It is sometimes the case, when I plan to look for a certain type of bird, that my target species are nowhere to be found. On those days we have to let go of our expectations and open ourselves to whatever treasures the birding fates have for us. I helped with a field trip today that was supposed to visit a hawk watch site. The ridge was completely socked in by low clouds, so we had to scrap our plans and instead birded open range and farm land.
Likewise, I recently visited Fernhill Wetlands (Birding Oregon p. 61) to look for shorebirds. Despite the decent amount of mudflat habitat available, shorebirds were almost non-existent. While I was disappointed in the lack of waders, there is always something interesting to watch.
Always common, but always worth a look, Great Blue Herons will often surprise you with the interesting creatures they are attempting to swallow. On this day I watched one bird swallow a large catfish.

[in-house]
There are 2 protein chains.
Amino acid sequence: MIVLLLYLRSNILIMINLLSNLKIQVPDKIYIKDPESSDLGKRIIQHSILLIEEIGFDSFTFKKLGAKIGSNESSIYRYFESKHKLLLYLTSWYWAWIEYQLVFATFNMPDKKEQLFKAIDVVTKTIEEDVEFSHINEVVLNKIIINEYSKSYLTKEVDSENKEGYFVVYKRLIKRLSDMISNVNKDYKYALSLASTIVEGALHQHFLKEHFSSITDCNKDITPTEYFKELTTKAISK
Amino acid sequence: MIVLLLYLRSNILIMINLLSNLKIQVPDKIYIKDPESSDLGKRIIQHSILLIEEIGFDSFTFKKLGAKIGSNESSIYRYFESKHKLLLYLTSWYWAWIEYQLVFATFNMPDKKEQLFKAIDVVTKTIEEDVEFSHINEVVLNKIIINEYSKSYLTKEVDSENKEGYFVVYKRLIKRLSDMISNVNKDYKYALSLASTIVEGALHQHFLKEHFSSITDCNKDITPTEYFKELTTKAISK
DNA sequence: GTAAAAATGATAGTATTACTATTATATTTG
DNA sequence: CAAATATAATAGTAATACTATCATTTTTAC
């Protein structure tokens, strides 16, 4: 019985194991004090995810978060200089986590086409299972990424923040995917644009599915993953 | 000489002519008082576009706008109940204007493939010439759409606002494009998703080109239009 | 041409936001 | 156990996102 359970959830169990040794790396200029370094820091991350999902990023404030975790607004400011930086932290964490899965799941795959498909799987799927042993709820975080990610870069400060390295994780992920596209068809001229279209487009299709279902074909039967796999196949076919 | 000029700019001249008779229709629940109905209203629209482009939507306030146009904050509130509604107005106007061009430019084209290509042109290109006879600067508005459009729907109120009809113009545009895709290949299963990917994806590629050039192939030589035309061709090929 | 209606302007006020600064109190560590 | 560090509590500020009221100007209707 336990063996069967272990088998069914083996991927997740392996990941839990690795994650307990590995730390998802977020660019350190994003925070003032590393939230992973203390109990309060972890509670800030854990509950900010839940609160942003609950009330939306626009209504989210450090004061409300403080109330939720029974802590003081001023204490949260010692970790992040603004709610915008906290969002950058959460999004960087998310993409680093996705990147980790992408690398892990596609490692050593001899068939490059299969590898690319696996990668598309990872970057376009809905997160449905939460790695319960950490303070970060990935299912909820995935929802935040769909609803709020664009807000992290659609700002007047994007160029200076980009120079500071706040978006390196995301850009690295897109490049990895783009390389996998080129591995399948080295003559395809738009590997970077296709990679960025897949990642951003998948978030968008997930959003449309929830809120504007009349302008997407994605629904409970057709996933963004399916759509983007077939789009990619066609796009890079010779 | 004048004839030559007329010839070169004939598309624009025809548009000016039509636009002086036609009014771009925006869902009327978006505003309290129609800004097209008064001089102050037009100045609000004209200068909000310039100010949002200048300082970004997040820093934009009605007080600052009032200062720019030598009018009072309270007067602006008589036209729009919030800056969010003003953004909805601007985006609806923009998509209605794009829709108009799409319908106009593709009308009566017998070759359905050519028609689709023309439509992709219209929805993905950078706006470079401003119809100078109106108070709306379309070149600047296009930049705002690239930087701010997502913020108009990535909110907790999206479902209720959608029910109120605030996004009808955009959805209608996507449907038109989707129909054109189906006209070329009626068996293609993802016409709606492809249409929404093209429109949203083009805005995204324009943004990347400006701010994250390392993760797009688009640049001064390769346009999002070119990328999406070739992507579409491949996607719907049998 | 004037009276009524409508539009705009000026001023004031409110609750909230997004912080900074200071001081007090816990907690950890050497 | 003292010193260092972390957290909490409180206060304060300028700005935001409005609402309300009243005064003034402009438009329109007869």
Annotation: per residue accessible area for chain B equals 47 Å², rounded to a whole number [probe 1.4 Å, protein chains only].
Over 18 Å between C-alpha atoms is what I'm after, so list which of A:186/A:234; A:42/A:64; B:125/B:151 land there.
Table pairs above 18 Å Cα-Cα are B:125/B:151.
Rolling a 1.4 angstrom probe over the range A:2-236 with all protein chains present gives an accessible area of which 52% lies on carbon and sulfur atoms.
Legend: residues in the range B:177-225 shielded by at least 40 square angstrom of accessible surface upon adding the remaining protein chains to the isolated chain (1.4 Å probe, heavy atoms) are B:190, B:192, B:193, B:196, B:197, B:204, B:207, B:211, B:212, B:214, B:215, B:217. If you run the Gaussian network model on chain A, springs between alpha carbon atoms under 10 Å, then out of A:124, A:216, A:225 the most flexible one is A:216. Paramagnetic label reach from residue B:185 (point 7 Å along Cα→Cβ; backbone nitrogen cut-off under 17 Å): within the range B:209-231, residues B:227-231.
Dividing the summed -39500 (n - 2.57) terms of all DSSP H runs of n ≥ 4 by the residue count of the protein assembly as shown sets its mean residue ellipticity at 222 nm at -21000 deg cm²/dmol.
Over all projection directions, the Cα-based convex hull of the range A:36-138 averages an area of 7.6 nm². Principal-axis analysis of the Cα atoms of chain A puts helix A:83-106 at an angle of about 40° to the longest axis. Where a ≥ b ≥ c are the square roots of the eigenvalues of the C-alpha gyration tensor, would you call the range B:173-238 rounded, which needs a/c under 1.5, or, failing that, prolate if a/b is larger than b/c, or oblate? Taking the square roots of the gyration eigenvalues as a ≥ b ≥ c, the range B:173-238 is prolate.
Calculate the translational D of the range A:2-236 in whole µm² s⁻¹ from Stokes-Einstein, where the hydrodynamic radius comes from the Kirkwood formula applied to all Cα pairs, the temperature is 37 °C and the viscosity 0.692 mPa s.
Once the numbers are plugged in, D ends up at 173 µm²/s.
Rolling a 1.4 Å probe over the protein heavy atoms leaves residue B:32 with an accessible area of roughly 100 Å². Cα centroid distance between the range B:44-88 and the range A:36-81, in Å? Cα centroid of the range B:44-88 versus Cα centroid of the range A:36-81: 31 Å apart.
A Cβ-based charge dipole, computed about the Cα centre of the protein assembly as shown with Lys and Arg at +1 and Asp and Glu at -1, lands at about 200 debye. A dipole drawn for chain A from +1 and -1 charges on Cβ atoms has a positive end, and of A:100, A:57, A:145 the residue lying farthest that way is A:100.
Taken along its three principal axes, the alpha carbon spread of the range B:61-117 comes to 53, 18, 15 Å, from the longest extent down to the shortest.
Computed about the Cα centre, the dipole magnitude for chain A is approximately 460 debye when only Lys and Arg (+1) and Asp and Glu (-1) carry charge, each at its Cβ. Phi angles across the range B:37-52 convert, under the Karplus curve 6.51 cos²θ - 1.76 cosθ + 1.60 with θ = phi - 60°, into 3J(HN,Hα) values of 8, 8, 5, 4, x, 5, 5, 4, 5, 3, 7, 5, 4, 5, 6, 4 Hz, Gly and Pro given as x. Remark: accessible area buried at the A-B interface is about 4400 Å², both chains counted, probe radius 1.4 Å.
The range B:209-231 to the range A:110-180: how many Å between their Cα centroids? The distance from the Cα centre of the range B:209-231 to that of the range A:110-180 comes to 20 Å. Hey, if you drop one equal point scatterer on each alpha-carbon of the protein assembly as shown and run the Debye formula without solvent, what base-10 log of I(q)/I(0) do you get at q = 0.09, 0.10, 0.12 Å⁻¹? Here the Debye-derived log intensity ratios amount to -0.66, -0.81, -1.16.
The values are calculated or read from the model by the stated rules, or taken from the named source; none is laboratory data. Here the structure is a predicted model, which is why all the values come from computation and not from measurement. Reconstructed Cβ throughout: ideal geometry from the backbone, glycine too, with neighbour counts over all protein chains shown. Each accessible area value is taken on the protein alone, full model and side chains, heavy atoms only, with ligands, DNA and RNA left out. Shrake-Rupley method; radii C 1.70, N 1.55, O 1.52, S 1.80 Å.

Great Egrets congregate this time of year to fish in the receding waters.
This Peregrine Falcon was keeping watch over the wetlands. This might explain the lack of shorebirds.
We are still in the “ugly brown duck season,” when many birds are still in eclipse plumage. Despite the lack of characteristic colors, most birds can be identified by shape or by tell-tale field marks. This picture shows two Northern Pintails on either side of a Green-winged Teal. The pintails are identified by their pointy backsides and their blue sloping bills. The tiny teal is displaying the green speculum on the wing that give the species its name.